In the days of the steam locomotive the Canadian Pacific Railway built enclosed
water towers that could be heated during the harsh Canadian winters to keep
the water from freezing. Towers, pump houses and coal sheds were constructed
approximately 50 miles (80 kilometres) apart, the distance a steam locomotive
could safely travel between water refills.
Distinctive octagonal towers began to be built in 1903 to replace low, round,
wooden tower in use since 1882. Built to fairly standard plan, the octagonal
towers contained a wooden or steel tank with a capacity of (40,000 gallons
(181,840 litres) of water. The tank rested upon a framework of large wooden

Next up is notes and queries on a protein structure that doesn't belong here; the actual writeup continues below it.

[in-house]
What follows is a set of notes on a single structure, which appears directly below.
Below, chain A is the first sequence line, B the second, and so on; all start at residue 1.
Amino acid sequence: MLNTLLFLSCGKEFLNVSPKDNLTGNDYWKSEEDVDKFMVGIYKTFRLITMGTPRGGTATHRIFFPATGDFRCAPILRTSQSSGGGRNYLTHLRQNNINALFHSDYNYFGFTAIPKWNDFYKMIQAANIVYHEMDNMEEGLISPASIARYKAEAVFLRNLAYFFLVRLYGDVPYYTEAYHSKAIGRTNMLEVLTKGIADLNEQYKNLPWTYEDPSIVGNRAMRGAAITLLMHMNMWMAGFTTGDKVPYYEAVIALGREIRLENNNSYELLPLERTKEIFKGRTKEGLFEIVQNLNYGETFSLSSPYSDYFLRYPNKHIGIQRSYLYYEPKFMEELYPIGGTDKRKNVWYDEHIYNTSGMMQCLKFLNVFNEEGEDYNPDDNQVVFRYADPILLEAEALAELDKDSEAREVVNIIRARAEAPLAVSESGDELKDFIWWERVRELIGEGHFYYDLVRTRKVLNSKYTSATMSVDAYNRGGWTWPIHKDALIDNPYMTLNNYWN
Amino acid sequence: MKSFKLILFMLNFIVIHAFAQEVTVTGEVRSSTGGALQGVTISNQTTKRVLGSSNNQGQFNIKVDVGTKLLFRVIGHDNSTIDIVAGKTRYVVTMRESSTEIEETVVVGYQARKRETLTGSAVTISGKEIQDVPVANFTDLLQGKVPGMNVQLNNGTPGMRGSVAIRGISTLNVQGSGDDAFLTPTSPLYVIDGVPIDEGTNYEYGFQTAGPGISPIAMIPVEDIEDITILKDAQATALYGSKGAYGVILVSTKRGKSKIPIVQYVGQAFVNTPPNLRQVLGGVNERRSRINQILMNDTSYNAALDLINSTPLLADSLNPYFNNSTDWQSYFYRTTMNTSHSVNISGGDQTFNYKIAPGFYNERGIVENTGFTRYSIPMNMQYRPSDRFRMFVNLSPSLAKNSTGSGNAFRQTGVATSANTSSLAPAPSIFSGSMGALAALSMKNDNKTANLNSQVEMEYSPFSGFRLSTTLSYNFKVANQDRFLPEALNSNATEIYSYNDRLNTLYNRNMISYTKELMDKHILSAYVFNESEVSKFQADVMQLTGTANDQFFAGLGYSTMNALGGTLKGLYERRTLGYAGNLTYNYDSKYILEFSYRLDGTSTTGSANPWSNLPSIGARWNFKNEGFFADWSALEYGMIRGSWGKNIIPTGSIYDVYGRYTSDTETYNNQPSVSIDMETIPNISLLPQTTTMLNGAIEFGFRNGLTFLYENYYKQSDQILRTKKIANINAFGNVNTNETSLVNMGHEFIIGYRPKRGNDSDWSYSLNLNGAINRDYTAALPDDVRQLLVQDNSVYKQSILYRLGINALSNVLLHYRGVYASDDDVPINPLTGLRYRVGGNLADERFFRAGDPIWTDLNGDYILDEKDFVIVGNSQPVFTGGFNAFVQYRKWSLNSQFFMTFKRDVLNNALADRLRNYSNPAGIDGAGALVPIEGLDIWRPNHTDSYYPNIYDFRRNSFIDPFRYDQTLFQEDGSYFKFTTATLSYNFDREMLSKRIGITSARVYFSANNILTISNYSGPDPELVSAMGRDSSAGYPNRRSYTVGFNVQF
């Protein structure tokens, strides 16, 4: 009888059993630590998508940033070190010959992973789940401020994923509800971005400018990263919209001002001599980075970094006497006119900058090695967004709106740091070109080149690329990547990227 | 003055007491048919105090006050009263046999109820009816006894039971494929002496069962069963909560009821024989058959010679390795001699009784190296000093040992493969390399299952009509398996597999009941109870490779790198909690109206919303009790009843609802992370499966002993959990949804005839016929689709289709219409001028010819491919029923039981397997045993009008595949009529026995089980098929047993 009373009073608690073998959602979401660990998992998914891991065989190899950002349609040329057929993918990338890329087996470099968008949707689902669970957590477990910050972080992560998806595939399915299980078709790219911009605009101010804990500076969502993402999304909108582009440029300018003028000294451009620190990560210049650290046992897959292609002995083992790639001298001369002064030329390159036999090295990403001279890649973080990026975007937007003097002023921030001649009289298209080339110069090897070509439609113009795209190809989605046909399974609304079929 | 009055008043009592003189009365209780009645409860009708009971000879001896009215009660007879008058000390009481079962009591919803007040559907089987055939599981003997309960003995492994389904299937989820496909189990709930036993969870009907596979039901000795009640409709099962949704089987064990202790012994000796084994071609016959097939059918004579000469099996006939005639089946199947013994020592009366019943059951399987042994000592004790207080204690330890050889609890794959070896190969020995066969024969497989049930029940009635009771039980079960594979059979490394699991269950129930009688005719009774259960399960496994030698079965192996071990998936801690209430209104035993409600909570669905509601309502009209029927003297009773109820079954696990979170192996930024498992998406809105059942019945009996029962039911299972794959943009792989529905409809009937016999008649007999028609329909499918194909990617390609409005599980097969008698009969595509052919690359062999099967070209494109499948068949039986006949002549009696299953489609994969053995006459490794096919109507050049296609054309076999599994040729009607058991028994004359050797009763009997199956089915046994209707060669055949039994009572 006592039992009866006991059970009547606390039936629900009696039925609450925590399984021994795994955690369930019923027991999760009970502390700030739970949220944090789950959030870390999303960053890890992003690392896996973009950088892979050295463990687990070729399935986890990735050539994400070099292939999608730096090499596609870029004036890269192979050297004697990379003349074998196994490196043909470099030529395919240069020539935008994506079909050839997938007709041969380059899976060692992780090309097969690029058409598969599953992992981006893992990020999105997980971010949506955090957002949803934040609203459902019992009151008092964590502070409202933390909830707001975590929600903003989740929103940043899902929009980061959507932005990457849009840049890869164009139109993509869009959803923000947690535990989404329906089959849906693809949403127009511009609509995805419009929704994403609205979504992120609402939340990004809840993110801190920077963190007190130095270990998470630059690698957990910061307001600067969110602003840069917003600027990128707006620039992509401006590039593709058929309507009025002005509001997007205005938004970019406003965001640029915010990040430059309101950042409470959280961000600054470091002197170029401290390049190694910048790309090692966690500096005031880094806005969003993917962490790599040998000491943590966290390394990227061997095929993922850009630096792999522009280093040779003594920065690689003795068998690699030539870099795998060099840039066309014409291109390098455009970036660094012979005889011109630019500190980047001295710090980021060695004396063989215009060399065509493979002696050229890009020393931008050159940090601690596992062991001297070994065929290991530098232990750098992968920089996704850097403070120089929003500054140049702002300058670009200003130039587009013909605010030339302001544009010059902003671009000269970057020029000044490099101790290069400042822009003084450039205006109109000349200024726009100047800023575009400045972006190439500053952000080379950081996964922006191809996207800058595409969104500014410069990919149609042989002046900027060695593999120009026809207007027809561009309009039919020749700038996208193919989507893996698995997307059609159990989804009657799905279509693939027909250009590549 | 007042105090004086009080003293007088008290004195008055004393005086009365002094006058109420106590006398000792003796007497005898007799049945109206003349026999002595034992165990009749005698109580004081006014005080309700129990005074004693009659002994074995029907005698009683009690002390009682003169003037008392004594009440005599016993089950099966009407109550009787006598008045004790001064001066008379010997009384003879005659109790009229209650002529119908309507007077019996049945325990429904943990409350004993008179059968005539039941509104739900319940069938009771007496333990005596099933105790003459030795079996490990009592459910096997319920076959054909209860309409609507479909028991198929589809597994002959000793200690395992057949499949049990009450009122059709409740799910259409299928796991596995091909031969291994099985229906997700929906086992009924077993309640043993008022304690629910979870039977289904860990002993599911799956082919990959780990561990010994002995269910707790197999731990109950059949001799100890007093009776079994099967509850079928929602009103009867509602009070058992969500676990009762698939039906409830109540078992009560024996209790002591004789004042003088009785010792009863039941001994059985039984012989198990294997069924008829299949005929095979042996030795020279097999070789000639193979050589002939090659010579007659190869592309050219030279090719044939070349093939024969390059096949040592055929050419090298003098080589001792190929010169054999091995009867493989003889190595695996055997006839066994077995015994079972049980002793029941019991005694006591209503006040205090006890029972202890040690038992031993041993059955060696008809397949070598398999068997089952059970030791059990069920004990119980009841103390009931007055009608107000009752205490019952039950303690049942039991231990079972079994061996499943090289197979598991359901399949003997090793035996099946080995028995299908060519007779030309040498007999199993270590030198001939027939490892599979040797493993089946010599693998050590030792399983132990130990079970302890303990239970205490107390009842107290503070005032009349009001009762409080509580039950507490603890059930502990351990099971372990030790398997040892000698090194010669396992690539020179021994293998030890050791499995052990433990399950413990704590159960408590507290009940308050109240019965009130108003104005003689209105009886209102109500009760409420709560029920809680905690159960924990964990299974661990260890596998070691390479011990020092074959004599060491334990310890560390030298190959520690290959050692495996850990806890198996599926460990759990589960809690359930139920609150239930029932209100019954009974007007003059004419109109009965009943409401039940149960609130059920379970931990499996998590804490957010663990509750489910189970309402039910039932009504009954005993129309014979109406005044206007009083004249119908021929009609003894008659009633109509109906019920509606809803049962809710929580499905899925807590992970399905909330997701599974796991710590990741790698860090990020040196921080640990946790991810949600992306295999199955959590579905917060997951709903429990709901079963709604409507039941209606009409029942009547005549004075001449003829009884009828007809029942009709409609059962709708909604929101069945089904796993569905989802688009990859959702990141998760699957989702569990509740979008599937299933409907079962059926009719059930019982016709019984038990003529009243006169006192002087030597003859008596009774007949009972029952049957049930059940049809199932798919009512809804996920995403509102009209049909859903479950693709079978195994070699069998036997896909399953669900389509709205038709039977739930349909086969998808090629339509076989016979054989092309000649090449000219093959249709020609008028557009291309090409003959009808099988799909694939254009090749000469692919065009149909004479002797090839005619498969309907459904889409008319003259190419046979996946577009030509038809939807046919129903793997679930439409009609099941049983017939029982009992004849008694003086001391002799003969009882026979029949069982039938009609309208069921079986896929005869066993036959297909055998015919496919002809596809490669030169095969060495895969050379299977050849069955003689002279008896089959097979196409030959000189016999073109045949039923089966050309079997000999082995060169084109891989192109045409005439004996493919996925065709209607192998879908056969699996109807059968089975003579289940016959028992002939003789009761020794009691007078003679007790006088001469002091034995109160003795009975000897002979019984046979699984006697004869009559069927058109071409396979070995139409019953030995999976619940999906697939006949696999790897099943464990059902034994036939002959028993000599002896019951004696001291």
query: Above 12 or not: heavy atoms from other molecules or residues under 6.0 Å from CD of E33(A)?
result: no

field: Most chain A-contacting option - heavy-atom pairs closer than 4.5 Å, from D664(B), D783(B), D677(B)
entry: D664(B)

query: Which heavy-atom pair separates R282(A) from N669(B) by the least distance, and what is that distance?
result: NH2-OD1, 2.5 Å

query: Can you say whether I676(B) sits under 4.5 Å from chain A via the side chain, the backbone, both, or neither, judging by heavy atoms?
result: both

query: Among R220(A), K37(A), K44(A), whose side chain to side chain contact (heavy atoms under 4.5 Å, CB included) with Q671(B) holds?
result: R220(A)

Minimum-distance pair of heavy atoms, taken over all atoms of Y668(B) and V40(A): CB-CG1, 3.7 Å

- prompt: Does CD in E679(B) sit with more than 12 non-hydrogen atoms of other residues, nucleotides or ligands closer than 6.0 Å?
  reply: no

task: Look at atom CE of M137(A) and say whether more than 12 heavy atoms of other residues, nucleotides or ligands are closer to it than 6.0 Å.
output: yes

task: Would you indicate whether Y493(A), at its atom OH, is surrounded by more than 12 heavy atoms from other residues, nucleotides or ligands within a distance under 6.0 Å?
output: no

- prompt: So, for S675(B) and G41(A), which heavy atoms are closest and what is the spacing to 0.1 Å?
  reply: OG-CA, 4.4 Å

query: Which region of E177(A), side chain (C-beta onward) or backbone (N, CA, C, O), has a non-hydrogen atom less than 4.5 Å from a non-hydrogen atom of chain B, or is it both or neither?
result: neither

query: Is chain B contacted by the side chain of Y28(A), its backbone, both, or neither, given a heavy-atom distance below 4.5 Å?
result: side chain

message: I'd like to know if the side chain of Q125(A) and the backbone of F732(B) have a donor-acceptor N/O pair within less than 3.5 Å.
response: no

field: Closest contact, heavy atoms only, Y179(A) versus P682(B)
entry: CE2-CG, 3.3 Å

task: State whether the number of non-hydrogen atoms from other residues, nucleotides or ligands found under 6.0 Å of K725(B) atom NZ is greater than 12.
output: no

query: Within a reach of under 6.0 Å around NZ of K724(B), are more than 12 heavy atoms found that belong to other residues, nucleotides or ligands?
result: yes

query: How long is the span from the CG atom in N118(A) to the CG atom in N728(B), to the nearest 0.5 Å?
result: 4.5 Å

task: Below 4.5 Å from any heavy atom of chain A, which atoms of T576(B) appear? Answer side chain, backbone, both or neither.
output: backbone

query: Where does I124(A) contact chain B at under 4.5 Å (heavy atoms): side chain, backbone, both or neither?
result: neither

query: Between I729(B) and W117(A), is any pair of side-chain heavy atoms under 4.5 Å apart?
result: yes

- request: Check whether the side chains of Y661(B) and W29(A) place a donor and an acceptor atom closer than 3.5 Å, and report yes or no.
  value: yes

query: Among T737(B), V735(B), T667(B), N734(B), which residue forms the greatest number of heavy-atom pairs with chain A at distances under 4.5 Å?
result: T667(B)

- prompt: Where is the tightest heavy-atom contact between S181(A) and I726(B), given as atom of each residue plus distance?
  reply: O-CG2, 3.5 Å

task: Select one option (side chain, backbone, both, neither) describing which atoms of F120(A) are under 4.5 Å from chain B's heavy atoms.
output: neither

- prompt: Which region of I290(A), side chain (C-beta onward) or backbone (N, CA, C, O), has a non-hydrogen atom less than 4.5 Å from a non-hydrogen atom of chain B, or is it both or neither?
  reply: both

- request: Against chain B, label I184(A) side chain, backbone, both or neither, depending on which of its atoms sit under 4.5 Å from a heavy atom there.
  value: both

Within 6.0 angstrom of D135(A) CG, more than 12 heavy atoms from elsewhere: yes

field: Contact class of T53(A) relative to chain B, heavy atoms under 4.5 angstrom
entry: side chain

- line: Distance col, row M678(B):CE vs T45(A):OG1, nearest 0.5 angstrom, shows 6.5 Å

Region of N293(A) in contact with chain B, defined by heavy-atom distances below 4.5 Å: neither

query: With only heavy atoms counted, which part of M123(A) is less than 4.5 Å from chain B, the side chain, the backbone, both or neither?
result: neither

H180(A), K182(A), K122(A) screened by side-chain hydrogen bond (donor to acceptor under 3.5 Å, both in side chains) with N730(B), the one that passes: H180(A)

support timbers. A coal-burning boiler powered a pump, which circulated warm
water into the tank to kept the tank from freezing. Later electric pumps were
used to circulate the heated water. A ball, or "float", glided along a pole atop
the tower to indicate the level of the water inside.
It was usually the job of the section man, who patrolled and maintained section
of track upon which the water tower was located, to keep the fire stoked. This
would require visiting the tower daily when temperatures were low (as much as
– 40°C and even lower during the dead of winter).
Forest fires were a threat to infrastructure in the interior of British Columbia,
particularly in the early years. For example, in 1885 a forest fire consumed
fourteen boxcars of lumber destined for construction of the Stoney Creek trestle
in the Beaver River valley. In 1886, the first year of transcontinental operation,
the Surprise Creek bridge caught fire three times as forest fires swept the
Beaver River valley.